In the public mind, actor-singer Susannah Cibber got what she deserved. Her brutal rape became a cause célèbre in mid-18th-century London—the lone witness to the thing said the act was consensual, and everybody and his brother-in-law's cousin adopted that story as his own. Cibber's assault would cost her a chunk of her career, as producers proceeded to slam their unwieldy doors in her gorgeous face for the next three years.
That's where Joyful Noise, Tim Slover's piece about the creation of George Fredrick Handel's Messiah, picks up. The short account is that, with Cibber's help, Messiah would become one of the Western world's most beloved entries in the corpus of sacred music. But the back-story features the real fun. What a concept: a bioplay that trades sloppy religious sentiment for its central figure's flesh and blood, feting Handel as a lumbering, cantankerous ol' poopface with an ugly chronic cough. He out-assholes his detractors (at least one of whom was in his own ensemble) in getting this thing staged at all—and in Lamb's Players Theatre's hands, a very human story becomes a superior entry with its own proud history to boot.
A grubby Church, a ruthless political machine and an infighting public chased the piece out of the Germany-born Handel's adoptive London home. It premiered in Dublin in 1742, with the maverick Cibber (Colleen Kollar Smith) singing one of the final passages, to the chagrin of acclaimed ensemble member Kitty Clive (Teressa Byrne). With Cibber's addition, Handel stacked the deck against himself—but Messiah's overwhelming success bade its first London turn the following year. Pudding-faced King George II (Jim Chovick) would rise to his feet, his jaw dropping in abject awe; the rest was history, and the work's “Hallelujah Chorus” took its place as one for the ages.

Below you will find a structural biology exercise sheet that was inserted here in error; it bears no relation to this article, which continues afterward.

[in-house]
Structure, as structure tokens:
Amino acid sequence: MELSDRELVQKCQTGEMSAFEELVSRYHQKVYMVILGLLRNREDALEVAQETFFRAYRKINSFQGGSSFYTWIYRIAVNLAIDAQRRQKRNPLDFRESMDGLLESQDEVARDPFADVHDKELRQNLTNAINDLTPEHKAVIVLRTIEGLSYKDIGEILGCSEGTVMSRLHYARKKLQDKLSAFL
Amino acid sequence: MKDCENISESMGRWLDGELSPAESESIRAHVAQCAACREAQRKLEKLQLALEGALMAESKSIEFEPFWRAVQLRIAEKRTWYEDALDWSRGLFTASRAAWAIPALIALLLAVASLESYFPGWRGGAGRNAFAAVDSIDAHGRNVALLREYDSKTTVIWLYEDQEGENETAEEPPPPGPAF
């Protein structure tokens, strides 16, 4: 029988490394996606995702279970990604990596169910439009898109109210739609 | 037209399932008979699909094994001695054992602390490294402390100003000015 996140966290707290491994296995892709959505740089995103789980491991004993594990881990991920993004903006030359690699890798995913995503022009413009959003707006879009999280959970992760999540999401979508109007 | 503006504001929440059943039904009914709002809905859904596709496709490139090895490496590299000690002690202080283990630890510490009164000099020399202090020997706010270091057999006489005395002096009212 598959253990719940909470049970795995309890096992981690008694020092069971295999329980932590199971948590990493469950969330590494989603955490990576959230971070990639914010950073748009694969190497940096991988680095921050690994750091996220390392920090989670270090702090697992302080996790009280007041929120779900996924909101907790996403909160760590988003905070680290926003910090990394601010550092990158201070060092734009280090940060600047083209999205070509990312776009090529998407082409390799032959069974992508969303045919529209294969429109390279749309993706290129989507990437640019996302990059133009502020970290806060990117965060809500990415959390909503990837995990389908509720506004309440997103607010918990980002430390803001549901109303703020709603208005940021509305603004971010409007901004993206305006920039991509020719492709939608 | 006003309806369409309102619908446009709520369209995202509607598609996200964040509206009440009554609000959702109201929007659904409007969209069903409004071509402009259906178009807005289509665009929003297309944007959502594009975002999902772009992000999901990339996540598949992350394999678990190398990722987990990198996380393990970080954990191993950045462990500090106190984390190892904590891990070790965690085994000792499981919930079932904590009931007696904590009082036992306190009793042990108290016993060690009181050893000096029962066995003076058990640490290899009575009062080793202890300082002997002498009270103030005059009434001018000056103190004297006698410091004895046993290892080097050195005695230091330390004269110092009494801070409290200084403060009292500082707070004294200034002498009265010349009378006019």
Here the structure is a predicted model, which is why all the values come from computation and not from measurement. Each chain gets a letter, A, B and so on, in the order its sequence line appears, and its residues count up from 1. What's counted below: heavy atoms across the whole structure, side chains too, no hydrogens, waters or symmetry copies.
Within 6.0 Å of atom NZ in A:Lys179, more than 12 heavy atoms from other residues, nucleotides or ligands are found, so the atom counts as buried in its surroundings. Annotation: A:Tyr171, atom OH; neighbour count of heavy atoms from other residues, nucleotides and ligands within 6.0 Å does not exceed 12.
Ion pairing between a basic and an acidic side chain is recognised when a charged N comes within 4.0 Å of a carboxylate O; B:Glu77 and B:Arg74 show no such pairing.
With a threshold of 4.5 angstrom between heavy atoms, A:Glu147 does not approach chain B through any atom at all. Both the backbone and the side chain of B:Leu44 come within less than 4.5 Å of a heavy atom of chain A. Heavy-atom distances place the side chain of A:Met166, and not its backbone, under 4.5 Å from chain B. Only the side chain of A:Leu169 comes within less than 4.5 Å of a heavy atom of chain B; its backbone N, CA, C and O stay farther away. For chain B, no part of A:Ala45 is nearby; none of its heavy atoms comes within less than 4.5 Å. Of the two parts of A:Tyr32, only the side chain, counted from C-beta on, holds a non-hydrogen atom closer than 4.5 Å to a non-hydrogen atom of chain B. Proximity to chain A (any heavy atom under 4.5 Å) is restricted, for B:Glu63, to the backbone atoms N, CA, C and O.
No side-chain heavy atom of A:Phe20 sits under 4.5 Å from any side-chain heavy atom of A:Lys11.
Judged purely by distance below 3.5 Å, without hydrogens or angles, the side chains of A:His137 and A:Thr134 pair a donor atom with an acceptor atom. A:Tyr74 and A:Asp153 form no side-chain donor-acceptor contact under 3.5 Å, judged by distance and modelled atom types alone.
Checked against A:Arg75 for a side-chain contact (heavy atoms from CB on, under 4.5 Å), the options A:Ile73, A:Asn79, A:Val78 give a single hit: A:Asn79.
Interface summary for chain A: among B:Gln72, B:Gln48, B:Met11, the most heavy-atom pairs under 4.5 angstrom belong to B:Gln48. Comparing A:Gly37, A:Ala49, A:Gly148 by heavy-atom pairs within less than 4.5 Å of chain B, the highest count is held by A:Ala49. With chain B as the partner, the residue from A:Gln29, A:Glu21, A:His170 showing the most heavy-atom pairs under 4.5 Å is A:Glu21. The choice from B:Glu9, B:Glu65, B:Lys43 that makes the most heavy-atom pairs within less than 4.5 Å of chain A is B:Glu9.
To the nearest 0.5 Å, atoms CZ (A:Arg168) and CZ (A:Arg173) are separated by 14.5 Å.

Amid it all sat Handel, the immovable object who bested each and every irresistible force, including faulty vision, a series of lousy investments and the stroke from which he was recovering when he wrote Messiah. “I warn you,” he bellows at one point, “my feet hurt”—and as Robert Smyth plays it, the speech is a metaphor for Handel's own colossal ego. Not since 2003's The Boys Next Door has Smyth transformed himself so completely; his co-director and real-life wife Deborah Gilmour Smyth plays Mary Pendarves, Handel's sponsor, with a touch of ditziness that utterly defines the character. She also appears in a series of Jeanne Reith-designed costumes. Enough said.
Lamb's took its original Joyful Noise off-Broadway in 1999. New York audiences reportedly ate the show alive, pining for a glimpse of the humanness surrounding one of classical music's loftiest figures. That's what you'll get here, too, from a company whose penchant for anecdote rivals that of any in theatrical America today. And I mean that.
This review is based on the opening-night performance of Oct. 16. Joyful Noise runs through Nov. 22 at the Ione and Paul Harter Stage, 1142 Orange Ave. in Coronado. $22-$58. www.lambsplayers.org. Write to firstname.lastname@example.org and email@example.com.
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